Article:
Monday, July 31, 2017

Point of View

In a nutshell, it all boils down to point of view or perspective. It’s true in writing and true in life. As a writer, I’ve learned that point of view (POV) is one of the most essential parts of storytelling. It sets the tone for any novel. It is the narrative itself which allows for a reader to see the fictional world from the perspective of the character and/or characters, whether it be written in omniscient, first-person, or third-person. It opens a world past that of only the physical and reaches into the realm of the emotional and spiritual. It is the part that breathes life into something that would otherwise be dull and unentertaining.

The more I’ve experienced, the more I realize how life is pretty much the same ... POV or perspective sets the tone in every way imaginable. It’s one of the most essential parts of our lives. A negative POV affects life negatively just like a positive POV affects life positively. Okay, I know, this is basic, common knowledge. But I never really paid attention, per se, to the direct correlation between the two until I became a mom. Dealing with children on a daily basis has a way of quickly altering one’s perspective. Thus, one of the many reasons, I feel, God created the family unit—so our finite minds could slightly comprehend His relationship with us on a better level.  
In the midst of telling my children for the umpteenth time that their attitudes needed to be adjusted, I suddenly realized that theirs weren’t the only ones that needed adjusting. Of course, my outward expressions weren’t necessarily reflective of my negative attitude in the same way as my children’s were but certain aspects did glaringly reflect my negative POV not only of myself but my view of my life in general. I’d begun to view the glass as half empty instead of as half full.


Let me be painfully honest here…I’d slowly become the mom I’d always sworn I’d never be. We all know that mom or maybe you are that mom—the frumpily dressed one with the messy updo who is battling a negative self-image, depression, and anger—the one who’s frazzled, always running late, and stressed to the max. The one we’ve all been guilty of shying away from at one point or another; because…well let’s face it, she’s a royal mess battling more drama than we care to know about.
Yep, regrettably I’d become someone I didn’t want to be. Granted it happened over time, and most days I was truly busy with little time for myself while battling situational drama that I wouldn’t dare utter to anyone else. Worst of all, I was living in denial, justifying my appearance and actions, going through the motions of life, believing the world’s lie that my value was based on my appearance and accomplishments. Then, the Lord opened my eyes through the simple truths I wanted to instill in my daughter at a young age—the truths found in Proverbs 31:30, “Favour is deceitful, and beauty is vain: but a woman that fearth the Lord, she shall be praised.” I realized I had to teach her through example because I knew my words alone would never suffice, especially as she matures in the years to come. By faith, prayer, and determination, I was able to come to terms with the fact that it doesn’t matter what the scale reads, what people around me might think, or if I have a flashy career. The only thing that truly matters is my relationship with the Lord and earning His praise—this is the truth I long for my daughter to believe and embrace. And now, I’m embracing it too.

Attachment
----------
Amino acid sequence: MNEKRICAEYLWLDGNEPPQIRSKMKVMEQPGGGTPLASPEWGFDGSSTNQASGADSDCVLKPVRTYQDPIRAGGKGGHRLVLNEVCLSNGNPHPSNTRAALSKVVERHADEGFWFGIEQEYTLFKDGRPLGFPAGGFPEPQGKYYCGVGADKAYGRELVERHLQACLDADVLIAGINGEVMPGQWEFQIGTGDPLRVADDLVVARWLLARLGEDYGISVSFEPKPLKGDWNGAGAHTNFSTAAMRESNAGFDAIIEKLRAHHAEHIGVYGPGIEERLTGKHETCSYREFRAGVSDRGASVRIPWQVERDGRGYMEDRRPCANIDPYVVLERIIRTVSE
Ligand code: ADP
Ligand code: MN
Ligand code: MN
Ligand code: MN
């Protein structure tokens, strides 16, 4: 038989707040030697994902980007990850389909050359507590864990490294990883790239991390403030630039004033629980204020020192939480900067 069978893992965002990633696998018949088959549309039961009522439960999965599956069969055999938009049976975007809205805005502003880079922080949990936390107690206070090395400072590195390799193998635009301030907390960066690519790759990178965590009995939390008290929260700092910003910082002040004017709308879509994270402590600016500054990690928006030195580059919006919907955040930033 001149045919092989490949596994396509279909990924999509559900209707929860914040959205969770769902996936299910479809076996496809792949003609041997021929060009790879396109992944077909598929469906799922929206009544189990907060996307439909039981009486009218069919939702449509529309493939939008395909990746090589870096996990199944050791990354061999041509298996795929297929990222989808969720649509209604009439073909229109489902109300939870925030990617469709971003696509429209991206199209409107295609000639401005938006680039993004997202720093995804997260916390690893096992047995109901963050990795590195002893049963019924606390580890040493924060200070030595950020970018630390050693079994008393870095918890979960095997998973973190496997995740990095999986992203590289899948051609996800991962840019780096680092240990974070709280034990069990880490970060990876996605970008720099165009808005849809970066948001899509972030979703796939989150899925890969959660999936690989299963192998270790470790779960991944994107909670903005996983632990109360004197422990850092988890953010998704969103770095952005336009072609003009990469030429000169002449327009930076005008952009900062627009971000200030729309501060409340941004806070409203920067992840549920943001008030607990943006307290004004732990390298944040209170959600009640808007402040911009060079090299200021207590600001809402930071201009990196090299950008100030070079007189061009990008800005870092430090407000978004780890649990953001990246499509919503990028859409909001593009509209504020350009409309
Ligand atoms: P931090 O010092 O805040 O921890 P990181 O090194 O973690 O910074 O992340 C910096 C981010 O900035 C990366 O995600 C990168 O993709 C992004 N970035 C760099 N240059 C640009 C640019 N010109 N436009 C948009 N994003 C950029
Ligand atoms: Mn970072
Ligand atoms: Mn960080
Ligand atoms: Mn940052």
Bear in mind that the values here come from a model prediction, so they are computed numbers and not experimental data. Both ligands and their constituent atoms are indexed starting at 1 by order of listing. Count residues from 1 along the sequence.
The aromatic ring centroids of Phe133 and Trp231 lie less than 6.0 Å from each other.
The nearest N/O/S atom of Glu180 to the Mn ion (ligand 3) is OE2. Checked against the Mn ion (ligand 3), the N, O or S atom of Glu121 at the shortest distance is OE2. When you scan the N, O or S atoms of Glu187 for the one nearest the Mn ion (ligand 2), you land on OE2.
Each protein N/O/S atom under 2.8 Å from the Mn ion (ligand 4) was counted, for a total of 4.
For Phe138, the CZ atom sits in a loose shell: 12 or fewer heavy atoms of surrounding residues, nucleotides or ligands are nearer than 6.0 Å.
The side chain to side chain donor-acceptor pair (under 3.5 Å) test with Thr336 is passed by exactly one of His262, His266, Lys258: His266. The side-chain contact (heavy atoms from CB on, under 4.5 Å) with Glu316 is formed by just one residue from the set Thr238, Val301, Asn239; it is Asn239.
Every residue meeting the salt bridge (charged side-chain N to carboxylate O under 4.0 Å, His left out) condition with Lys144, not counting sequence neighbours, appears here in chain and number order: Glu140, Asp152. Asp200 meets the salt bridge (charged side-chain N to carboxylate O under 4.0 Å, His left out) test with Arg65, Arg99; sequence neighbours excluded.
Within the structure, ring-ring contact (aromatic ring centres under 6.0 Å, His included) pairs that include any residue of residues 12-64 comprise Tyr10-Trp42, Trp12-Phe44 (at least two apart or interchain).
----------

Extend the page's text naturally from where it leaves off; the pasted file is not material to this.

I started dressing in the here and now, as if I’m worthy because I am a daughter of the King. I began to no longer worry about what the scale might read because my value cannot be measured by numbers alone. I am okay with my picture ending up on social media because this is my life and I’m proud to share it with my family and friends. The Lord allowed me to begin seeing others in need so I could share my struggles with them because our testimonies are powerful when placed in His hands. And I now view the opportunity of being a stay-home mom as one of my greatest accomplishments to date. I am able to do this and so much more not because of who I am but because “God is our refuge and strength, a very present help in trouble.” (Psalms 46:1). And I do all of this because I want my daughter and son to see me live what I believe.  

I can, now, see beauty amongst thorns. I know that each day is precious. I am grateful for the life God has given me. I pray that God will continually alter my POV for His glory.
I also pray that if you are struggling as I once did that you will experience the same—that you will allow God to alter you POV so you too will be able to experience life to the fullest.
Blessings friends,
Shauna Williams



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